Distracted and Confused NO MORE: Bisexual Liberation

Dec 5, 2022 | 2023 Winter - Bodily Autonomy, Privacy, & Feminism

By Anna Kochetkova

With the repeal of Roe v. Wade across the seas, here in Australia as a white migrant bisexual woman, my body is grounded in many of my identities, stronger than ever. Just as Black Lives Matter urgently thrust me into the beginning of my “bisexual becoming” back in 2019, the overturn of Roe v. Wade has reminded me that my body and mind aren’t mine. And that I wholeheartedly refuse to comply.

There was a time when I accepted this. As a good student of my cultural indoctrination, I embodied the teachings of my community in Russia, where I was born and spent the first 22 years of my life. 

In Russia, our patronymic (otchestvo) name is a great example of our bodies belonging to others, as otchestvo is derived from one’s father’s first name. Accordingly, everyone in Russia belongs to their fathers.    

Patriarchy is a well-known form of oppression and control. But there was a time when I didn’t know this word and hated feminists. Activists and social justice slogans seemed irrational and silly to me. My survival stood above my enlightenment, and I spent most of my years in the darkness and servitude of oppression and patriarchy. 

Today, the overturn of Roe makes me furious and disappointed. However, I suspect that if I were watching this historical moment from Russia, I would have not felt the same way. I’ll never know for sure. But my fury and disappointment give me hope: if my understanding and beliefs have changed, others’ can, too. 

Looking back at my life, I recognize distractions that kept me “in line” and obedient. It wasn’t my father’s name but the learnt mistrust of all women, the overwhelming desire to be thin, young, and loved (by cis het white men). My tiredness from over-working, under-eating and eternally competing made it impossible for me to think or feel. If all else failed, alcohol was an acceptable sedative.  

In Russia, confusion reigns. It’s a common strategy for keeping people silent and obedient. Many people in Russia say that no one can tell what’s true and what’s not. I remember feeling that way—it’s soaked in hopelessness, sprinkled with mistrust, and is served cold.

However, as I suspect many in Russia do, I felt a small, almost unnoticeable sense that my confusion was unnatural, manufactured somehow. Today, after over a decade of living apart from Russian indoctrination, I can clearly see the successfully manufactured distraction—the sense of perpetual confusion, hopelessness, and danger from abroad.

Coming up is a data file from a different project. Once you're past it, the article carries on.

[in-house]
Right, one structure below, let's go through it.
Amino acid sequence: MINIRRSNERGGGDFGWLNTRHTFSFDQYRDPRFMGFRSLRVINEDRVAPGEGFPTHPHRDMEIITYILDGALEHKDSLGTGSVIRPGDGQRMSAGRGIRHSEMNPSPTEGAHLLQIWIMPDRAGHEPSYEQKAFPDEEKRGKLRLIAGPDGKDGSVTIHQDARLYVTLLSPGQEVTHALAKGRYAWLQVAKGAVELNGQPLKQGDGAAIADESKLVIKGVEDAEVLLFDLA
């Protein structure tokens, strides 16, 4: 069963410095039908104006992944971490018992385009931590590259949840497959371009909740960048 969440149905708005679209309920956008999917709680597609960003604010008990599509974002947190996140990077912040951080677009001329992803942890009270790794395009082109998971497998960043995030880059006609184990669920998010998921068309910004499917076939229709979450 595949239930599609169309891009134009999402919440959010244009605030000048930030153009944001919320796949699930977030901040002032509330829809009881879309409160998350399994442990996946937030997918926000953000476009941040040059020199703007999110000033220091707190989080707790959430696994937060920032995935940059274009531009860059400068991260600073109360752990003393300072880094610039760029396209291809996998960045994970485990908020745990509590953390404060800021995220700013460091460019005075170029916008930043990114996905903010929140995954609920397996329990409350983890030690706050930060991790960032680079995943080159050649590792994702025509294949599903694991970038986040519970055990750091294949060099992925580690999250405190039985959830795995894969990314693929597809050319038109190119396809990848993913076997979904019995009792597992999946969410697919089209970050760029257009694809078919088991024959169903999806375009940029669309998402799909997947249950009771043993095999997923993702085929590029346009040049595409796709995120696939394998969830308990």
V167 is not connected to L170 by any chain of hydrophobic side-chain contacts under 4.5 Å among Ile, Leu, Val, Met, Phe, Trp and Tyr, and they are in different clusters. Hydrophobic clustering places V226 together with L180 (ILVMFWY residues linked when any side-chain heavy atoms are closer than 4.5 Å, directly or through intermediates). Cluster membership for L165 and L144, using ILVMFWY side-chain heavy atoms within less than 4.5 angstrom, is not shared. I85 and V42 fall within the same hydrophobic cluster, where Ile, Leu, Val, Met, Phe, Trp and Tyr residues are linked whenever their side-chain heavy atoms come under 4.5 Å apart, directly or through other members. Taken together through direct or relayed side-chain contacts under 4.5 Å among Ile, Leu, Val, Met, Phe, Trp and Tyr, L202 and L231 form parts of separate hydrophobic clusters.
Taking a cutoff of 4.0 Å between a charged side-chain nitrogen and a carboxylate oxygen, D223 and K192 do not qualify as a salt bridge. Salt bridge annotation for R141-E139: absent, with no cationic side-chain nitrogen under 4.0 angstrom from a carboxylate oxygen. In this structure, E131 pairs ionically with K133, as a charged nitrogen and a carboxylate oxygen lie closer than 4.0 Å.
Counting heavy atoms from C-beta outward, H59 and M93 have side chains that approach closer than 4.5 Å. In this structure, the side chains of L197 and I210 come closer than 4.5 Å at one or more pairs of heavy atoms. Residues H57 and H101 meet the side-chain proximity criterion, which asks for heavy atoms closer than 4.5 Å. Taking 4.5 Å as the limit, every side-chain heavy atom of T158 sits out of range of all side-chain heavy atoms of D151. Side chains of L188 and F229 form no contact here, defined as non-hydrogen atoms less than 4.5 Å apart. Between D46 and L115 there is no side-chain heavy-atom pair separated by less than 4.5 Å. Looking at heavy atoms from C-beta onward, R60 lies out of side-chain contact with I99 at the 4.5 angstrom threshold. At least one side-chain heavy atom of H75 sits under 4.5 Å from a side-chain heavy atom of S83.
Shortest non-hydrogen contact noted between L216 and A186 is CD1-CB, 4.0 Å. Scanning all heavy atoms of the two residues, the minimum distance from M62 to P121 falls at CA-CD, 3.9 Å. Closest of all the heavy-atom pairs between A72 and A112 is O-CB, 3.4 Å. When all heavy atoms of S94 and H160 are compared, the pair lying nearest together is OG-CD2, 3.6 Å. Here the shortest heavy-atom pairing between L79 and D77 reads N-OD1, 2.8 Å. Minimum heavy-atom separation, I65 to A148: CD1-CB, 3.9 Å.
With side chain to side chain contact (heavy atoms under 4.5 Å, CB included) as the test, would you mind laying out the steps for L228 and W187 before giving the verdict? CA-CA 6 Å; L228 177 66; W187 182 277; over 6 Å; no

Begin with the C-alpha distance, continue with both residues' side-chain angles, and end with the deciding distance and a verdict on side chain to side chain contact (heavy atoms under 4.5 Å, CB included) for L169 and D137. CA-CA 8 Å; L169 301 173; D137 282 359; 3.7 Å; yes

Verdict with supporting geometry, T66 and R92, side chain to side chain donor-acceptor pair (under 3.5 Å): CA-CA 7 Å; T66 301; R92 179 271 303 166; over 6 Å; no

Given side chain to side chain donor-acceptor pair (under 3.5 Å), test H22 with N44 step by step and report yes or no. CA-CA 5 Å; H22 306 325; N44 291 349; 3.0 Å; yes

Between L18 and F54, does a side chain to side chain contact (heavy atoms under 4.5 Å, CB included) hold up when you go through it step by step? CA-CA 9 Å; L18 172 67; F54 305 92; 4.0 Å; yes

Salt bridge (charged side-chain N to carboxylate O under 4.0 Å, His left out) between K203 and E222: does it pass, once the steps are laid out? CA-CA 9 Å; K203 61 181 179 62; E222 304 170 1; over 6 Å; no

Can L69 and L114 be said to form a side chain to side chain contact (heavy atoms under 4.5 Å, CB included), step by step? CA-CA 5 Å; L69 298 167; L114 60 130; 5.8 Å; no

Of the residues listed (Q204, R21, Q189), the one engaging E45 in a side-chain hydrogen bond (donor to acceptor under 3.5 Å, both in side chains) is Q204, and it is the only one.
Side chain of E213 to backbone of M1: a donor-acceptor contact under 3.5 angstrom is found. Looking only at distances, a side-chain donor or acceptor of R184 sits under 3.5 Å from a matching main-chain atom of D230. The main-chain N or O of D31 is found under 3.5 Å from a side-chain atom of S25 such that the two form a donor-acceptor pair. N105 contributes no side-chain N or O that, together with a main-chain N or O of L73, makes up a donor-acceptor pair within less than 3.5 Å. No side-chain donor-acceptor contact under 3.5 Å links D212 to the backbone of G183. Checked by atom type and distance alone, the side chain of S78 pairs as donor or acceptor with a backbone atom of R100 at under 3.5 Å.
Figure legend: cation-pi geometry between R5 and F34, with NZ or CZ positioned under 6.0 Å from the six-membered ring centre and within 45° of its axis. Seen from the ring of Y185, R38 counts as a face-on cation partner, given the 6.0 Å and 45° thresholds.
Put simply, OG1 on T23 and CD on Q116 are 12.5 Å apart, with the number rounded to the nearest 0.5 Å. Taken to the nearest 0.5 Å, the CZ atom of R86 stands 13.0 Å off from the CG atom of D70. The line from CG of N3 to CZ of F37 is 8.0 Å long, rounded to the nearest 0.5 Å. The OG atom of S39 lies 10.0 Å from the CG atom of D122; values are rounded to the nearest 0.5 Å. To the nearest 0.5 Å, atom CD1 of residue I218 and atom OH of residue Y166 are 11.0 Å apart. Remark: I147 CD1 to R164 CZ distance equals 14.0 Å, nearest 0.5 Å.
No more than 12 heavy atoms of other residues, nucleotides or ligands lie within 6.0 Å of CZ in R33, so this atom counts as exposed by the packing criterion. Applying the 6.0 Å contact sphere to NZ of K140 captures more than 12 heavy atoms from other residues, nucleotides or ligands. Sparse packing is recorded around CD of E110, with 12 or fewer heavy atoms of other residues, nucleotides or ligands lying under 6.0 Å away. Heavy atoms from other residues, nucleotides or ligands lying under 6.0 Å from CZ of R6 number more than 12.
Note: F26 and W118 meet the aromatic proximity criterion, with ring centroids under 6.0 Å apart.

Over the last few years, I started to realize the distraction of work and of my poverty mindset, both of which ensured that I didn’t stop producing, worked late, and worried about money above all else, ignoring my environment, nature, even wars. I didn’t notice any of Russia’s invasions until one day it stared into my face via the social media of my friends in Ukraine. 

And as I was grieving the atrocities of Russia at the beginning of the war, something inside me kept pulling me back to my work desk: “Enough of this crying! You have a client meeting in an hour.” We are often paralyzed by the need to make money, raise children, and climb career ladders, unable to properly care for our mental health or rest enough. The way patriarchy weaves capitalism and individualism into our lives often keeps us exhausted, afraid, alone. In Australia, people exhibit pride in “having a lot on,” while feeling inadequate about “lazy weekends,” “guilty pleasures,” and “doing nothing”—rare moments of freedom which are often followed by the watchful eye of shame and guilt. There are many more distractions that impact our capacity to think, create, fight back. 

As I feel enraged by Roe, I remember all the women who came before me and fought for our rights to vote, wear pants, own property and one’s self. 

I cannot help but feel deep sadness and grand gratitude for the work done and lives lost in the name of my freedom today. 

As women’s rights start to slip away, the fight of my generation begins. 

Dangerous and proud, queer women all around the globe are remembering who they are. I know patriarchy is trembling with fear. As more of us become aware of distractions and begin our healing, more white cis het bigoted men may try to lasso us, bottle us, and threaten us. But it’s too late! We reject the lies and stories of patriarchy and unite to love and support one another and reclaim ourselves. I saw it happen within me. I know it’s happening all around me. 

Anna Kochetkova is a Russian-born Australian author and poet, bi+ activist living on the Land of the Gadigal Peoples of the Eora Nation (a.k.a. Sydney, Australia). Anna is the author of Bi & Prejudice and the curator of the @biandprejudice Instagram community. 

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